LSS Makes A Pretty Good Feel-Good Movie

LSS Makes A Pretty Good Feel-Good Movie

In a festival of heartbreaking stories and hard choices, let LSS be your breather



So much can be said about the state (and quality) of Philippine entertainment. But as disappointing as it can sometimes be, we also can’t help but smile as mainstream actors and big production houses continue to push the line and confines of traditional (read: money-making) films.


The lineup for this year’s Pista Ng Pelikulang Pilipino had us excited for various reasons, including the themes that the various films are discussing. A couple exploring the possibility of an open marriage, two prostitutes finding love amidst their loveless love-making and a struggle between welcoming death and finding something—someone—to hold on for.


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It’s a lot to take in this year; there’s no doubt about that. But there is one shining light that acts as a breather between the hardships and heartbreak: LSS.



LSS, directed by Jade Castro and produced by Globe Studios and Dokimos Media, Inc., is the story of Sarah (Gabbi Garcia) and Zak (Khalil Ramos), two 20-something individuals just trying to get on with life. Sarah’s put her music career on hold to get her little brother through school and Zak’s not-so-secretly in love with his best friend and just trying to build a connection with his estranged father.


When these two meet by chance on a commute home, they’re bound together by an appreciation for music that buries itself so deep they literally connect the next time they meet. What follows is a string of events that prove what can happen when you have the right mindset, support and environment.


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First things first: damn that soundtrack

To simplify things, LSS is a coming-of-age story that’s dressed up in music, in a soundtrack that is exclusively Ben&Ben and honestly nakaka-LSS. Throughout the recent months, the nine-piece band has been on an uphill climb that—as far as we can tell—will lead them straight into the heart of OPM.


Truthfully speaking, however, the tracks that make up the film aren’t new; the band didn’t create an album just for this. What they did do, however, is re-record their pieces to fit the needs of LSS—and this has made all the difference. You can tell with how the pace is slower or how it picks up at certain aspects of a song that Ben&Ben truly did think things through.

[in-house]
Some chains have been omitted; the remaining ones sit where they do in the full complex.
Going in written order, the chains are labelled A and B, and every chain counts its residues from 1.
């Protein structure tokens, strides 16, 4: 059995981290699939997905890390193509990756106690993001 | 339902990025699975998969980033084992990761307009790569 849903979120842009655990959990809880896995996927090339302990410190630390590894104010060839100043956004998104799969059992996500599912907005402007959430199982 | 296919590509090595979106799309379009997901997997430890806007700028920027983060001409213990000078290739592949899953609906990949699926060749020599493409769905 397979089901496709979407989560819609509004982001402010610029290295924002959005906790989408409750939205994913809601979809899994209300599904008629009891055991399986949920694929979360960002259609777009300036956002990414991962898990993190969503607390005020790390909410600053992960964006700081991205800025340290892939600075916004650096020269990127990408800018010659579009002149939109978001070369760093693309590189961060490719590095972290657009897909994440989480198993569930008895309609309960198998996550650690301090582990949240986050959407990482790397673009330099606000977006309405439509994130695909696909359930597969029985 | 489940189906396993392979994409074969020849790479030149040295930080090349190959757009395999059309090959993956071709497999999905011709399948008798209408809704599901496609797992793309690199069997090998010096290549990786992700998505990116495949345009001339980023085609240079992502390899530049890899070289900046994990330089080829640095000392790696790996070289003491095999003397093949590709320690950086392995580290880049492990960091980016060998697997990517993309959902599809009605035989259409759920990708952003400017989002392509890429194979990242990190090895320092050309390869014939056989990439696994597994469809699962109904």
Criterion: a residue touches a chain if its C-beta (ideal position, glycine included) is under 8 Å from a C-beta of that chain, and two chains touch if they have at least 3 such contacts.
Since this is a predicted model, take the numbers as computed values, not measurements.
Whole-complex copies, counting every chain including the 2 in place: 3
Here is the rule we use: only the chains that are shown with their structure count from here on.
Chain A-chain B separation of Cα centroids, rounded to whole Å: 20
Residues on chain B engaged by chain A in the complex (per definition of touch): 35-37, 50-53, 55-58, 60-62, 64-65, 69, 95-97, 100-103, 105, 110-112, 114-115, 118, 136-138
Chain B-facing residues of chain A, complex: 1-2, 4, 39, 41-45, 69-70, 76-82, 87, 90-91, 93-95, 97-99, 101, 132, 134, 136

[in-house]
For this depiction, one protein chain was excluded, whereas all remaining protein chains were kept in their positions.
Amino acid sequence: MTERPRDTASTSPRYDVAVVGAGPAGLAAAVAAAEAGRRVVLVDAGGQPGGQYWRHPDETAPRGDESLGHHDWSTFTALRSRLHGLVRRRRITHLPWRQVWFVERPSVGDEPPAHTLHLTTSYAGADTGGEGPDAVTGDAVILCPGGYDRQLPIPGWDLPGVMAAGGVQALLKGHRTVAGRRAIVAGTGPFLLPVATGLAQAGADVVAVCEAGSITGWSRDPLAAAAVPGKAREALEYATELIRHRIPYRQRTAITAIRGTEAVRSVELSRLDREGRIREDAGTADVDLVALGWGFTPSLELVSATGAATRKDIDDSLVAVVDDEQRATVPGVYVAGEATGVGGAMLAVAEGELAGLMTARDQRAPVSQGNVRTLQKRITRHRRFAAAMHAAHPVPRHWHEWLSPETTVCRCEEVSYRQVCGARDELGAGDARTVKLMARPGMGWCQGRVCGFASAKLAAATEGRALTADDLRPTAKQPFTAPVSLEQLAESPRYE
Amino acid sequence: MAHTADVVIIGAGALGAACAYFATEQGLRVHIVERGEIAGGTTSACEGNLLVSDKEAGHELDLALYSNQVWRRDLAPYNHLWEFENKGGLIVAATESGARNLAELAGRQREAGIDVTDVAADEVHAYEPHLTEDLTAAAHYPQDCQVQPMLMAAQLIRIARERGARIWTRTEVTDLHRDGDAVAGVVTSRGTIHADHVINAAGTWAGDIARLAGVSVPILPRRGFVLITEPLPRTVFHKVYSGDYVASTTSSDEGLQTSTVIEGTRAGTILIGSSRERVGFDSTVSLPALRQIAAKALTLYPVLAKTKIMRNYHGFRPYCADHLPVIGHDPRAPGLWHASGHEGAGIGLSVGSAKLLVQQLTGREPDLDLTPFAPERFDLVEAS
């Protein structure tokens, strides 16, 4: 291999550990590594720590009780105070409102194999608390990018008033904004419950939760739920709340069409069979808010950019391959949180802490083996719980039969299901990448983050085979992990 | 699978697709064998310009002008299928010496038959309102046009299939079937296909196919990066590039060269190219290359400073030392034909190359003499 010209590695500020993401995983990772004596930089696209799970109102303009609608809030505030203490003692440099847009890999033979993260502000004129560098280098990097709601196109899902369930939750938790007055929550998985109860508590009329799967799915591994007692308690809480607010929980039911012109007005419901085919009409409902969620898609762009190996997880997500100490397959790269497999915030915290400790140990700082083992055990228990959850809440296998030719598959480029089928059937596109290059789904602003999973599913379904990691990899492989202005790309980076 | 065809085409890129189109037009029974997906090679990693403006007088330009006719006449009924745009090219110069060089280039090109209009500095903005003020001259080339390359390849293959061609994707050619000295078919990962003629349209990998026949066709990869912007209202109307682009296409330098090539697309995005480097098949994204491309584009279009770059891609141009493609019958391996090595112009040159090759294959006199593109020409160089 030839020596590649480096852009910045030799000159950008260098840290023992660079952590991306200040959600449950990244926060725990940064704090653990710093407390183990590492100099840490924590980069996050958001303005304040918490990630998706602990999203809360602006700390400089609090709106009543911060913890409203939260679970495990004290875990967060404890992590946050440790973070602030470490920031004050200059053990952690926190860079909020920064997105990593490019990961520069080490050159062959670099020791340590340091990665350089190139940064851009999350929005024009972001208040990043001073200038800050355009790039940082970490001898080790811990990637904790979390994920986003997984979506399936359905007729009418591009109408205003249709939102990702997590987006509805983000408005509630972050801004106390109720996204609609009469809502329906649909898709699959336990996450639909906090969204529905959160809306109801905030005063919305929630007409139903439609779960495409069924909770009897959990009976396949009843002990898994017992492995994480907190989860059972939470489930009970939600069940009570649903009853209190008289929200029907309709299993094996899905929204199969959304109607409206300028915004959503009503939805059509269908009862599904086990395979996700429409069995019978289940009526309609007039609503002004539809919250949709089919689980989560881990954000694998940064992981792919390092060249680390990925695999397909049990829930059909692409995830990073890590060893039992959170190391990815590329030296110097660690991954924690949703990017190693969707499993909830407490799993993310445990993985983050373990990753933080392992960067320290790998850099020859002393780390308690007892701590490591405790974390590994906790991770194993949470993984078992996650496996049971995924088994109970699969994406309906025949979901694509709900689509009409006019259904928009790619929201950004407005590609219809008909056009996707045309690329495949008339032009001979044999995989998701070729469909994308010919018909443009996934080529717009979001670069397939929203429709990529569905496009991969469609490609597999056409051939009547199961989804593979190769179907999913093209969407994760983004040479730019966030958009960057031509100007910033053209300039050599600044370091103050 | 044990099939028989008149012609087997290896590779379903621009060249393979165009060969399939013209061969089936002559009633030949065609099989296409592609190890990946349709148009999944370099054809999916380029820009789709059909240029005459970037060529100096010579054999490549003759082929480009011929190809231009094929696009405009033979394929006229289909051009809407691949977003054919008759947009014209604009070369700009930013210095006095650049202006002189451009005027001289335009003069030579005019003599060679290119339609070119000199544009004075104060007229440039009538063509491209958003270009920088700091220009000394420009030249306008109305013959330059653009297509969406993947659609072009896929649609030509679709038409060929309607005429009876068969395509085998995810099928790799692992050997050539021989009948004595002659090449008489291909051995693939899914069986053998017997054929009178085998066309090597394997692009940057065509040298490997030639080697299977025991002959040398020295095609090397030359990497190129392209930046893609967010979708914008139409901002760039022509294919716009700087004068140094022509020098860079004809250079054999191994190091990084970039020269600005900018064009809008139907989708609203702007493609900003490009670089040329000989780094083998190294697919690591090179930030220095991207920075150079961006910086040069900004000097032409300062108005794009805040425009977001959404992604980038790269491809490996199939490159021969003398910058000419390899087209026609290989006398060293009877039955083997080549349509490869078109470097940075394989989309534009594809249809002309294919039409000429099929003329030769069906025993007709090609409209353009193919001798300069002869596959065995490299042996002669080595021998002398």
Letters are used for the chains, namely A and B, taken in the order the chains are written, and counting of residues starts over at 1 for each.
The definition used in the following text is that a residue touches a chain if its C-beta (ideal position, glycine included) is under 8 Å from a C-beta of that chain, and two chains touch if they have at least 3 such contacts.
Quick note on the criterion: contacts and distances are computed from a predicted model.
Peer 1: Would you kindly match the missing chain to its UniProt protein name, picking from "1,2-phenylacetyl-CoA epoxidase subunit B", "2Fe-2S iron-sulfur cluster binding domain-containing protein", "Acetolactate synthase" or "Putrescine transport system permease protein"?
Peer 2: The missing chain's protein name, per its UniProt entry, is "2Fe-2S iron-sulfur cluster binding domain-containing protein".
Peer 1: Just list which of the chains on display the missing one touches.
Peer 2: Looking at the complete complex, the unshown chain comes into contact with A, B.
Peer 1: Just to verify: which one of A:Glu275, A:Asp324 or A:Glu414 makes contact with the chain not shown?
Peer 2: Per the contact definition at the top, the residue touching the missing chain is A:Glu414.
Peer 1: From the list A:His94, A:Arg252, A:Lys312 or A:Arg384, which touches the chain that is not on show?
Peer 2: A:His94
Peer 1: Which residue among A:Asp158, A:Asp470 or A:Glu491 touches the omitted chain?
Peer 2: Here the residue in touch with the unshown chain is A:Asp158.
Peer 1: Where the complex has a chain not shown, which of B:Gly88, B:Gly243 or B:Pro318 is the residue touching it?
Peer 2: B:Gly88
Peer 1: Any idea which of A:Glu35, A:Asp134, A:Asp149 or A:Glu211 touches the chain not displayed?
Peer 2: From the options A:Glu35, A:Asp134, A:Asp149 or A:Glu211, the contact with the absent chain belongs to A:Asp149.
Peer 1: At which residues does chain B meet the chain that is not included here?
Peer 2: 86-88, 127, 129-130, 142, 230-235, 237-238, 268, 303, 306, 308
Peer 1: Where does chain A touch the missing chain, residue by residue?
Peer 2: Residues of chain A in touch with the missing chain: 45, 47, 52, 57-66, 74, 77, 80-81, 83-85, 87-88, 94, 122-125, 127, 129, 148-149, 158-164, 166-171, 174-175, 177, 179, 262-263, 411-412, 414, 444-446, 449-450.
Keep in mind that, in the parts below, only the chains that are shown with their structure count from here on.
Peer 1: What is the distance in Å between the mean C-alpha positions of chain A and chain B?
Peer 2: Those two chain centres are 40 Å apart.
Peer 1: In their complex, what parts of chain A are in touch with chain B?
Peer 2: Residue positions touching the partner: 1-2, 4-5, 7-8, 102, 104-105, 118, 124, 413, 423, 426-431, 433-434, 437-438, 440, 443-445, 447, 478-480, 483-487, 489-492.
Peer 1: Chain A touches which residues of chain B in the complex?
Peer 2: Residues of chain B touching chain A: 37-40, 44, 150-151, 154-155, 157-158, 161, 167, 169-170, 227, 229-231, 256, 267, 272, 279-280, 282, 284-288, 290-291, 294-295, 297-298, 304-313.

And in the bigger picture of the film, it makes everything else fit together so much better.


From real to reel: The Gabbi & Khalil chemistry

Actors finding love in the industry isn’t a rarity; local love teams always seem to find themselves in the tangles of reality. But what sets Gabbi and Khalil apart is that they were together before they starred in this film, which translated on the big screen with ease.


The chemistry between the two budding artistas was natural and sweet. The smiles weren't forced and the little touches were enough to spark something in the audience. What lack the love story had in building up to the actual relationship, the kilig factor made up for.


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An unexpected theme

When you buy that ticket to LSS, you might expect a heavy love story that’s littered with subplots of family and chasing passions—but that’s not exactly it. The film gives equal importance to every character and the struggle they’re going through; each one offers a different lesson to learn as the stories nicely unfold, one after the other.


But here’s the clincher

Out of the Pista Ng Pelikulang Pilipino 2019 lineup, LSS is arguably the most feel-good one out there. Sure, there are comedies that will undoubtedly tickle your funny bone, but Castro’s piece offers so much more than just a good time. You leave the cinema with more than a smile on your face as it takes a weight off your shoulders and lets you breathe a little easier.


It makes you believe in the possibility of genuinely happy endings—and, more importantly, that they’re within reach if you’re willing to face life head-on.



LSS, winner of this year's Special Jury Prize Award, Audience Choice Award, Best Supporting Actress (Tuesday Vargas), Best Sound Design and Best Theme Song (Araw-Araw), is already showing in cinemas.



Art Alexandra Lara


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